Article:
The Pacific Northwest kicks off a massive earthquake and tsunami drill as part of a multiday event to rehearse scenarios on how the region would deal with a dual natural disaster.

The four-day event, called Cascadia Rising, begins Tuesday.

Federal officials say about 20,000 people will be involved in the disaster drill, representing various federal agencies, the U.S. military, and state and local emergency response managers from Washington, Oregon and Idaho, Native American tribes and emergency management officials in British Columbia.

One main goal of the exercise is to test how well they will work together to minimize loss of life and damages when a mega-quake of 9.0 rips along the Cascadia Subduction Zone and unleashes a tsunami. More than 8 million people live in the zone, which contains the most heavily populated areas of the Pacific Northwest, including Seattle and Portland.

Washington Gov. Jay Inslee says the Northwest needs to be "as prepared as we can be" for a devastating earthquake as a multi-day earthquake and tsunami drill began throughout the region.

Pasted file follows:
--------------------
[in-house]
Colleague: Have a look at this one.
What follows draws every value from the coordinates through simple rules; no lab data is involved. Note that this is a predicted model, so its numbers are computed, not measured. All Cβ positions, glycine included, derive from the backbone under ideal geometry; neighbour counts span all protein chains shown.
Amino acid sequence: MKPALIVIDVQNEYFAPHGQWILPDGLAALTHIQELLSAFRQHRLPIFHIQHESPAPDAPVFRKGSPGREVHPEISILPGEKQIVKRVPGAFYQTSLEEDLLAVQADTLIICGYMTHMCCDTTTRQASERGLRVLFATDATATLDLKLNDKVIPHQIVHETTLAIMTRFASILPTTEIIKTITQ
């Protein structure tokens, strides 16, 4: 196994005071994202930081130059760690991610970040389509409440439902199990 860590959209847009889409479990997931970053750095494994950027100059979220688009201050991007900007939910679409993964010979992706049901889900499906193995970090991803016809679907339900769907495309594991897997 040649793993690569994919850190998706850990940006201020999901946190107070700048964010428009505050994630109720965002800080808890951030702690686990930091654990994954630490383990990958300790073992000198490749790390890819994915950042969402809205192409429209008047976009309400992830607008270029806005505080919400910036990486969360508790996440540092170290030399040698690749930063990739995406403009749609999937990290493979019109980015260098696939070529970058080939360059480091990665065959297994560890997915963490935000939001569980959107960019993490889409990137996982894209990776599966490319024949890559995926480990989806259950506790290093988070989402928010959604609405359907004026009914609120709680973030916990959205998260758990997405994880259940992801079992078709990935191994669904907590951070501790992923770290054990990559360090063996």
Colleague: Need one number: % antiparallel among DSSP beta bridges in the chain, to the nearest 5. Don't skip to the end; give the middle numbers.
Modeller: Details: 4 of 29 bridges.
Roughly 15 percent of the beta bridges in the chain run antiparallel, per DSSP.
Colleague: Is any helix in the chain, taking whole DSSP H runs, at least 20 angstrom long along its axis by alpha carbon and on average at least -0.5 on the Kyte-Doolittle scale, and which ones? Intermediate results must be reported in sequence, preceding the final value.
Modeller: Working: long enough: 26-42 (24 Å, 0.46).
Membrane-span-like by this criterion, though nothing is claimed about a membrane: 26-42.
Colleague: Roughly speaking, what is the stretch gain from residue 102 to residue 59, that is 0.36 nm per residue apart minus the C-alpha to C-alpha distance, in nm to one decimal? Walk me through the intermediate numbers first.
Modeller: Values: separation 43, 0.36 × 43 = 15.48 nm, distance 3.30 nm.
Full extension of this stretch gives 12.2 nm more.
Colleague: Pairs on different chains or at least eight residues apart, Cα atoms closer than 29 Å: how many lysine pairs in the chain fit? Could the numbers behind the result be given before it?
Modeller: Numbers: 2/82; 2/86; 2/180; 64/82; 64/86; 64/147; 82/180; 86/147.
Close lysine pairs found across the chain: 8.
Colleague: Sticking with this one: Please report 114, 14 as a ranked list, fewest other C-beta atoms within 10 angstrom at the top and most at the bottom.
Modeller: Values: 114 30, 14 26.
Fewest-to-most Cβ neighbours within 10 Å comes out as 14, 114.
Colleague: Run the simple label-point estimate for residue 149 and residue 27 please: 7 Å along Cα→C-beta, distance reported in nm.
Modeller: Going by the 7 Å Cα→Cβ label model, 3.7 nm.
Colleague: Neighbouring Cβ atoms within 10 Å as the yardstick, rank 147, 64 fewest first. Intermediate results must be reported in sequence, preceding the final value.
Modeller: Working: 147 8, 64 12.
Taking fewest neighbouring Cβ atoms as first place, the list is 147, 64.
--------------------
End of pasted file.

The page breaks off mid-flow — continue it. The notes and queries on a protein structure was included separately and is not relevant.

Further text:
Inslee, standing in front of military and other federal vehicles brought into Camp Murray for the exercise, called the event a "remarkable partnership."

Inslee said that the region needs to be ready for the inevitability of a strong earthquake that could have devastating effects. He said "at some point in the future, we hope in our distant future, it will strike in our beautiful region."

By running through the scenarios well in advance, he said the state can better prepare and identify potential weaknesses.

Patrick Knouff, Emergency Management Specialist for the Olympia Fire Department, said more than just first responders can learn from Cascadia Rising. He hoped the earthquake exercise will remind the general public to be prepared as well.

"This area is going to be in complete chaos," said Knouff.

Knouff said everyone should have enough food, water and medicine to last at least 72 hours.

Why the three-day supply?

"It may take that long, or longer, for first responders to get to you," said Knouff.

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